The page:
Nyhet | 2015-09-07 | 13:13

Evaluation of dimensional stability in PWR reactors at Ringhals

Master's thesis by Joakim Nordlander, Master of Science in Energy Systems at Uppsala University.

Supervisor at Vattenfall: Bertil Josefsson.


Dimensional stability is an important aspect of fuel mechanical design and licensing of new fuel designs for nuclear power plants. Dimensional changes within the reactor can affect the safety margins against overheating of the cladding and the pellets, therefore it is crucial that the dimensional changes are kept to a minimum.

The profits per produced kilowatt hour continue to decrease for the Swedish nuclear power plants. Some reactors are even operated with a calculated loss. To reduce fuel costs and thereby improve the profit some reactors are operated with higher uranium enrichment, so that the assemblies can reach a higher average burnup. This increases the neutron fluence to the pellets, cladding an spacers. Fluence is the parameter that most strongly affects dimensional changes within the reactor.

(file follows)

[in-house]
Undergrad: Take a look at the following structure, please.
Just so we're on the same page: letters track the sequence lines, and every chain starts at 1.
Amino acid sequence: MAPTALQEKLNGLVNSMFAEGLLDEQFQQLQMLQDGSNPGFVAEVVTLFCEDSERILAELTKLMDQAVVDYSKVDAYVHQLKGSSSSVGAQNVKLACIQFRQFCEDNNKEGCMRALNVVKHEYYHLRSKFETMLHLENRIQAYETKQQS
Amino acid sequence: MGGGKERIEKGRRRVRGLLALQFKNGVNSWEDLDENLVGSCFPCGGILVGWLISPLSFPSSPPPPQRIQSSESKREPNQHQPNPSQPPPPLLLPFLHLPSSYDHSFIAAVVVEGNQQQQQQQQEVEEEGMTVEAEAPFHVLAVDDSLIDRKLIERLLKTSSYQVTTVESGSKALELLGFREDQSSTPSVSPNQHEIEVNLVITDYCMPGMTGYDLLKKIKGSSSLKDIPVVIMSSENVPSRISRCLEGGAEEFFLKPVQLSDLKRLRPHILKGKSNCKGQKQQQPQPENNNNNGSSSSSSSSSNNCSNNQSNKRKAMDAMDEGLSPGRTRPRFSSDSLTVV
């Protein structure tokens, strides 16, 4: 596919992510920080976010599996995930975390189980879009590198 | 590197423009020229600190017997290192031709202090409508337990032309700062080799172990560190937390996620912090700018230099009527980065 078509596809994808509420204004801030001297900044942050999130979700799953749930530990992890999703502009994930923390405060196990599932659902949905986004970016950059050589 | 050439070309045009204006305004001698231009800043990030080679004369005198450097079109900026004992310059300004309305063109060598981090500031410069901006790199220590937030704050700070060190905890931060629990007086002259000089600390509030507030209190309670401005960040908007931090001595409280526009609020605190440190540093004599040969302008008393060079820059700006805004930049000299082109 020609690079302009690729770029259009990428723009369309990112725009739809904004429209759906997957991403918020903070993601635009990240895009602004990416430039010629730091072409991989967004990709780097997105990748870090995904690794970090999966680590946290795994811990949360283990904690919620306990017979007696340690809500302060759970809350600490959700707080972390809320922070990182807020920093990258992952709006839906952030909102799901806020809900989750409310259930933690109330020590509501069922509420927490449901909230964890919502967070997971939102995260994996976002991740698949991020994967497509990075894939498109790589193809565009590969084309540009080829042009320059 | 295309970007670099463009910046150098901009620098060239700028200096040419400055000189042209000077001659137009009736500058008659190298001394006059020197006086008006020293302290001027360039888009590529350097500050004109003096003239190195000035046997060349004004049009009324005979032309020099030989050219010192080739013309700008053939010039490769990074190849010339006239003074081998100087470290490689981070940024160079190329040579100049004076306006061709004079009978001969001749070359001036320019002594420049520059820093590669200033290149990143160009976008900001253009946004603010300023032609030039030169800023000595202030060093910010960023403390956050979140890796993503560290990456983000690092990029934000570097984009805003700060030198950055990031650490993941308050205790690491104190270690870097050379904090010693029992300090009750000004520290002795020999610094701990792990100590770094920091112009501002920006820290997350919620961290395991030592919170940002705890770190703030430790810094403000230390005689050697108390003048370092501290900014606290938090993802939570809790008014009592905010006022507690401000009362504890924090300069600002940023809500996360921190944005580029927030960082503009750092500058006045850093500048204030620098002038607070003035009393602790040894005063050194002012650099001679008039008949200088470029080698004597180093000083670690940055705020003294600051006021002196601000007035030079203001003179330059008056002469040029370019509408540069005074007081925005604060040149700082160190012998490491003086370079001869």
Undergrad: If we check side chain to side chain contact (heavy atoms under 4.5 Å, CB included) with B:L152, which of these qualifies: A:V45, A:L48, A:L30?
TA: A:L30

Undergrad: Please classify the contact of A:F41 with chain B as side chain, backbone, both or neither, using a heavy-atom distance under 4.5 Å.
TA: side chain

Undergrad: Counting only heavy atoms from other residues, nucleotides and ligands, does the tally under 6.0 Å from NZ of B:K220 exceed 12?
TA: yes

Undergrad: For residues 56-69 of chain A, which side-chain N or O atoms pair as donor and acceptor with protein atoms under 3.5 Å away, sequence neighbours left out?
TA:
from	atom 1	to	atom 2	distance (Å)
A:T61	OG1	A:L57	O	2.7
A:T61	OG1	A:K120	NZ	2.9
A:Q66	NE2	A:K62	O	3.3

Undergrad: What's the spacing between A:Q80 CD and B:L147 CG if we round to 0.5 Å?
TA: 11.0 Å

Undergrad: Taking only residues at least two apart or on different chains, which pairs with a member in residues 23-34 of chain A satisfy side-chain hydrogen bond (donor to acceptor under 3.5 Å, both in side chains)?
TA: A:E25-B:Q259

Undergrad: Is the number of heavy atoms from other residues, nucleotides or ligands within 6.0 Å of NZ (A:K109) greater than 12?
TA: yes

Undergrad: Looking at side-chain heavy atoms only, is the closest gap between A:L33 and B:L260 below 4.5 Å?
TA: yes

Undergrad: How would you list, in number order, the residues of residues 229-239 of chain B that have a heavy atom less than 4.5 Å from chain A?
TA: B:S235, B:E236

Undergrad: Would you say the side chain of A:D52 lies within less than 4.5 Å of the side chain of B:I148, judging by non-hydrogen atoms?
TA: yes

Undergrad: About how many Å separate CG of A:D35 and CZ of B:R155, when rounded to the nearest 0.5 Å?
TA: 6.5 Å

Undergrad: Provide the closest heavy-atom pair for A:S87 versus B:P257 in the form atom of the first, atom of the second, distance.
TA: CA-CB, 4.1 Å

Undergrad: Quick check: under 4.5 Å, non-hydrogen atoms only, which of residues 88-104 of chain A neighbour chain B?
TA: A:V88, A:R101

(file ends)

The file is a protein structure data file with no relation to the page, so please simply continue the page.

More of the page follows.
This master thesis was carried out at Vattenfall Nuclear Fuel in Solna during 2015. The purpose of this study is to evaluate the different dimensional changes in the fuel designs operating in Ringhals 2 ,3 and 4. The gained results may improve possibilities to verify if fuel assemblies with observed rod bow are safe for continued operation.

Inspection videos called visual inspections and 4-camera videos are captured each year in each of the three reactors. From these videos the distance to the top and bottom plate was measured as well as the magnitude of the rod bow. The results show that Ringhals 2 fuel designs R2L2b and R2L1 make it possible for rod growth through the uppermost grid. This has been achieved by lesser grid spring force and at the present burnup no severe rod bow is observed for either of the fuel designs. In Ringhals 3 and 4 the fuel designs R34L1 and R34L2 show similar trends in rod growth and have the same magnitude of rod bow though it appears in different spans in the assembly.

A comparison of the major rod-to-rod gaps and the adjacent rods axial growth has led to the conclusion that rod bow is driven by manufacturing differences within the rods and spacers.